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William Alfred Eckersley

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William Alfred Eckersley (1856-1895)

1856 Born the son of William Eckersley

1892 Birth of his son Peter Pendleton Eckersley


1895 Obituary [1]

WILLIAM ALFRED ECKERSLEY, born on the 25th of January, 1856, was the son of Mr. William Eckersley, who for upwards of forty years has been a Member of the Institution.

After being educated at Marlborough School and at Pembroke College, Oxford, he served a pupilage to his father from 1874 to 1877, during which period he was engaged in the office and on the construction of a short railway, a timber and iron-pile pier and concrete buildings at Thames Haven. He was then for a time assistant to Mr. James Scott on the construction of the Abbotsbury line, now part of the Great Western system, and from 1879 to 1882 had charge of the construction, first, of river-protection works on the Thames, and, subsequently, of a sea-wall and reclamation works at Trouvillesur-Mer, France.

Between 1882 and 1886, he was on the location and construction of the Jerez-Algeciras Railway as an Assistant Engineer, having for the greater part of two years sole charge of the Gibraltar end. He also reported upon the Algeciras-Ronda-Bobadilla line through the Sierra Nevada.

Between 1886 and 1888 he was employed by Messrs. James Livesey and Son to survey and report upon the La Libertad and San Salvador Railway in Central America; he partly surveyed and prepared estimates for the Pontevedra-Carril Railway, a line of 20 miles over mountainous country in Galicia, Spain, for Mr. Edward Woods; and for Messrs. Livesey he inspected and reported on seven of the most important lines in Peru, including the Oroya Railway, and made surveys for a light railway, via San Roque, to Gibraltar. He then acted in Westminster for Messrs. Livesey as engineer in charge of general work.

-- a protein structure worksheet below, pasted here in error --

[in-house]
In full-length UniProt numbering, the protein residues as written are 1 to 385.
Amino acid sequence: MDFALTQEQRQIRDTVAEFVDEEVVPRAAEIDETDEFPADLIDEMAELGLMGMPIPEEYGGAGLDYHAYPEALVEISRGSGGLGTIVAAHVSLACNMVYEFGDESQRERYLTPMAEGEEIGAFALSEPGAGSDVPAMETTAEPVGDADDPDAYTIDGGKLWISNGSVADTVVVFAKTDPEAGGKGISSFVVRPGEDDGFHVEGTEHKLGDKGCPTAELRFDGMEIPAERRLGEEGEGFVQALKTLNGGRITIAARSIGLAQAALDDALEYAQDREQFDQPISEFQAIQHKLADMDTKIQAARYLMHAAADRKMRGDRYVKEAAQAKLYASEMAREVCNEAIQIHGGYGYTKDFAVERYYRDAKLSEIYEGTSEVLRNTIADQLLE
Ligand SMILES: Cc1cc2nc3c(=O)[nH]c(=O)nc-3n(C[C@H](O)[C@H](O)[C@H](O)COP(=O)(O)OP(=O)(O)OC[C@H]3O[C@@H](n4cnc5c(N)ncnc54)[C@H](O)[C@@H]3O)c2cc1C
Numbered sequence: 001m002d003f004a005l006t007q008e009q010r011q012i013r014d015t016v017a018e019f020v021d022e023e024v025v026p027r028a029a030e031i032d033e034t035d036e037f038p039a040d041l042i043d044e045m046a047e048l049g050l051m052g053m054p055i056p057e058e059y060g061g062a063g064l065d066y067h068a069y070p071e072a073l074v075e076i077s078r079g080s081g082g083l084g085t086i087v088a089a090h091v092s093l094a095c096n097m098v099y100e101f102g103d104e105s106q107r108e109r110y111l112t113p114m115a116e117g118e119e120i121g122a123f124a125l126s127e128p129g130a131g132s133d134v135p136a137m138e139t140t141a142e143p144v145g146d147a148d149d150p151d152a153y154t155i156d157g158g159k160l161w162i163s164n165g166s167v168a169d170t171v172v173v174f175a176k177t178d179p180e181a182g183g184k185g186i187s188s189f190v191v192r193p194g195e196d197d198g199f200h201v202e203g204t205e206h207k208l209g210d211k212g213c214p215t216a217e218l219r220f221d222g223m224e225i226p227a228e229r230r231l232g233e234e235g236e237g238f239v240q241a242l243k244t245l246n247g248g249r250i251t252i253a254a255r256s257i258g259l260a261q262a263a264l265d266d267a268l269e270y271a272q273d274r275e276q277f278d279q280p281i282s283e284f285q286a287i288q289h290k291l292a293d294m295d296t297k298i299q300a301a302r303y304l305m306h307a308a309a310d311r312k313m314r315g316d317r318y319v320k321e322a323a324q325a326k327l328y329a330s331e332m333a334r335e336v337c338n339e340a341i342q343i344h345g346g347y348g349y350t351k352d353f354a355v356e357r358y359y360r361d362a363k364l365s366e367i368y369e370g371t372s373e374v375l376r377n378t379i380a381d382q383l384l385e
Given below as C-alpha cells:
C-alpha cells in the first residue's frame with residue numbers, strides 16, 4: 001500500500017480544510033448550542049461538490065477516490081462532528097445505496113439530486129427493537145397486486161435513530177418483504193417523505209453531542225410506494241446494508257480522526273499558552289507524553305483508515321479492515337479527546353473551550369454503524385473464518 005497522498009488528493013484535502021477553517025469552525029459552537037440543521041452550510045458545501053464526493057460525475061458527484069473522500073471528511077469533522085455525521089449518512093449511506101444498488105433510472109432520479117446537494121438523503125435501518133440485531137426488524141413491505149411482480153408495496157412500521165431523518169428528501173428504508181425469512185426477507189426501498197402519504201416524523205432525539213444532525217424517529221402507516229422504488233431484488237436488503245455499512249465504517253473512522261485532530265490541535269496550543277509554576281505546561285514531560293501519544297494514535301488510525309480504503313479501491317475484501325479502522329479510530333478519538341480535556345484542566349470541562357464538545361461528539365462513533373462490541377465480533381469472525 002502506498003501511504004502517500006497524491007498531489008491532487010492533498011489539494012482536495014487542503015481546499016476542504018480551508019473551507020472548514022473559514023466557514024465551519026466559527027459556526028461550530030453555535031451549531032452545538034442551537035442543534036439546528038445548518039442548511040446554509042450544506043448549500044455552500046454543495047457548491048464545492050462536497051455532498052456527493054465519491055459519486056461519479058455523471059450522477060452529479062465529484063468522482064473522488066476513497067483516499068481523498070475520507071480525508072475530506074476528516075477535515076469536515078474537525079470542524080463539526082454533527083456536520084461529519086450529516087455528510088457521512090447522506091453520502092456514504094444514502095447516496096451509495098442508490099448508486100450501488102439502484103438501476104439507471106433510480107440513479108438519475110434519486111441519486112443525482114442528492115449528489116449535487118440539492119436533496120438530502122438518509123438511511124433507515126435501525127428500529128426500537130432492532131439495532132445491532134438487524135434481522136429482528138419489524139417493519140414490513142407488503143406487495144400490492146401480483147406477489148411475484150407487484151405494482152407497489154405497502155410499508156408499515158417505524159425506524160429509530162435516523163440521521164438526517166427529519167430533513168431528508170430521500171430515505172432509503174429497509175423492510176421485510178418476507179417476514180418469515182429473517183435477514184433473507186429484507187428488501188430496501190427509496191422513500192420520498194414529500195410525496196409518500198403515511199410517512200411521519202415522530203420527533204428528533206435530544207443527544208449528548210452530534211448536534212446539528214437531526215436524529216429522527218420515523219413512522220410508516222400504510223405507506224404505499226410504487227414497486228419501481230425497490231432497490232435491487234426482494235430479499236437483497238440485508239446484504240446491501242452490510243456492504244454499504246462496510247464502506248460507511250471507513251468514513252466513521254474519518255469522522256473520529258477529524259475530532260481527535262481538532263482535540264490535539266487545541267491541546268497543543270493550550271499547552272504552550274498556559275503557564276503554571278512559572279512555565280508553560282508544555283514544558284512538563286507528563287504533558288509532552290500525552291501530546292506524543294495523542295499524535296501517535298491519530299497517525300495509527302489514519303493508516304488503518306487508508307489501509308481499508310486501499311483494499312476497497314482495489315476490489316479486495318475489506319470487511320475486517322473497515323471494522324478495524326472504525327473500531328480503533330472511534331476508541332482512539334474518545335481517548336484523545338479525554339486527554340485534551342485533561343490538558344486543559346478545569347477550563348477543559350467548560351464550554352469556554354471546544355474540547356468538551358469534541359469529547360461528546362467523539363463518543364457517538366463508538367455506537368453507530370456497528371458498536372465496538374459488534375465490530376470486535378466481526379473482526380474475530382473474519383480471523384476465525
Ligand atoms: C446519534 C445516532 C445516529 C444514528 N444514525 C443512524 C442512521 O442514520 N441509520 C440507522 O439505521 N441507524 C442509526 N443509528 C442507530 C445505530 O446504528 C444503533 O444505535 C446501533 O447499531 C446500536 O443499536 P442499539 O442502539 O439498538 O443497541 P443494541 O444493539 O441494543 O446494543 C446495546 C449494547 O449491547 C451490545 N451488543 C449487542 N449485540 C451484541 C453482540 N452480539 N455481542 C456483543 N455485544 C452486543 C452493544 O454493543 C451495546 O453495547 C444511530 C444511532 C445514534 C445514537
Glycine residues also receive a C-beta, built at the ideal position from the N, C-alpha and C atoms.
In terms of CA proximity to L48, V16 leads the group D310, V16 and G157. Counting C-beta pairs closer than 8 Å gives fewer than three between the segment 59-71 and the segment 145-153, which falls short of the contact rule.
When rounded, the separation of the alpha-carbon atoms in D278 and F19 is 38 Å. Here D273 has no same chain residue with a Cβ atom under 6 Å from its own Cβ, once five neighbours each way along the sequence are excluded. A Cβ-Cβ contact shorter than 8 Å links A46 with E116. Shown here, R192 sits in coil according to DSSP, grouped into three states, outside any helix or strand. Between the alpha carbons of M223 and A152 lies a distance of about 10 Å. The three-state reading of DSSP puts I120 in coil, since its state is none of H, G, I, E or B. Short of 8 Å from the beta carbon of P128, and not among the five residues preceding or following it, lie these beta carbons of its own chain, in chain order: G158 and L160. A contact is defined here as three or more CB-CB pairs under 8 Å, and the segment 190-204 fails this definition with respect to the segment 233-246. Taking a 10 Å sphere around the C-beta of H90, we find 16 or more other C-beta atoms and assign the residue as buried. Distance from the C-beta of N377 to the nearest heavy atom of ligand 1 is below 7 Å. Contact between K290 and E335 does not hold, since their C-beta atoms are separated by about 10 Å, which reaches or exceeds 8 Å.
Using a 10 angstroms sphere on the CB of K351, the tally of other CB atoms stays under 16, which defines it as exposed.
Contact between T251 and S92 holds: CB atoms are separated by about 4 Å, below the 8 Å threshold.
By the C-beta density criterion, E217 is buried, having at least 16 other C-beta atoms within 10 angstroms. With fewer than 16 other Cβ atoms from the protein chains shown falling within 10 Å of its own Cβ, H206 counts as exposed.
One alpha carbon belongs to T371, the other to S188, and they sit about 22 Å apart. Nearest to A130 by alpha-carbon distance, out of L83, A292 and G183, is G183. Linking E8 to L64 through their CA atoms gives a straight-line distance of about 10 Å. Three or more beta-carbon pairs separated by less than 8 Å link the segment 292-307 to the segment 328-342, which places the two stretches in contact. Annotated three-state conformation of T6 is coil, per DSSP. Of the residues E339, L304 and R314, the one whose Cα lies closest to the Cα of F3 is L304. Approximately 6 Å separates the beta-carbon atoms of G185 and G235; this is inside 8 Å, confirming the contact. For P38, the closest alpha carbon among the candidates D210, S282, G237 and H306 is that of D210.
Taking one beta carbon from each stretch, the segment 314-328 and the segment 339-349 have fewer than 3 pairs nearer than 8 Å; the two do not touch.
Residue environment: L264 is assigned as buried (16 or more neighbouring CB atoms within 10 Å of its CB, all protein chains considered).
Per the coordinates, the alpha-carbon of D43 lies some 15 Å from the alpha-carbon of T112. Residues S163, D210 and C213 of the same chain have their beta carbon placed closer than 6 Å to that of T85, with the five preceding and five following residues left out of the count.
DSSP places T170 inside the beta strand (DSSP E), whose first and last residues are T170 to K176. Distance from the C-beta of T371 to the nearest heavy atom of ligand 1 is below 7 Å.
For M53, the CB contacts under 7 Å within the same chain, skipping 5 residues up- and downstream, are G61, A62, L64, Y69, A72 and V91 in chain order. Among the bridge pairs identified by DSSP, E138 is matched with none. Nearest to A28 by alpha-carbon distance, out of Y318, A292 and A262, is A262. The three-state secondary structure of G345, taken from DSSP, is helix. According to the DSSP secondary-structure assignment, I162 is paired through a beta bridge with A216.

From 1889 to 1892 Mr. Eckersley had sole charge for Messrs. Read and Campbell of the survey and construction of the Mexican Southern Railway, a line of 230 miles, on which are seven tunnels, important river-bridges and some heavy mountain work. In addition to that, in 1890 he reported upon and prepared an estimate for the San Luis Potosi Waterworks and made plans for the drainage of Puebla, for a pier at Salina Cruz, and for markets, drainage and waterworks for several towns in Mexico.

In 1893 and 1894 Mr. Eckersley was in charge, for Messrs. Livesey, Son and Henderson, of a survey of 260 miles of railway in Mashonaland from the Anglo-Portuguese frontier to Fort Salisbury. During that period he also reported upon and prepared plans and estimates for water-supply and tramways at Fort Salisbury, tramways at Beira and other works in South East Africa.

In the autumn of 1894 he proceeded to San Salvador, Central America, to take up an appointment on the Ferro Carril de Santa Ana. He had in connection with this engagement to surrey the projected extensions between a station on the Santa Ana Railway, in course of construction, and San Salvador, the capital. His employers, the Central American Public Works Company, of London, took over that line from the Government of the Republic and placed Mr. Eckersley in charge, and through his efficient organization and management the earnings were increased beyond the greatest hopes of the Company.

It was during the discharge of these duties that he was struck down by yellow fever and died at Santa Ana on the 23rd of April, 1895, in the fortieth year of his age. Mr. Eckersley had already displayed great ability as an engineer, while his high character and genial disposition obtained for him universal esteem and respect.

He was elected an Associate Member on the 1st of May, 1888, and was transferred to the class of Member on the 16th of October, 1894.



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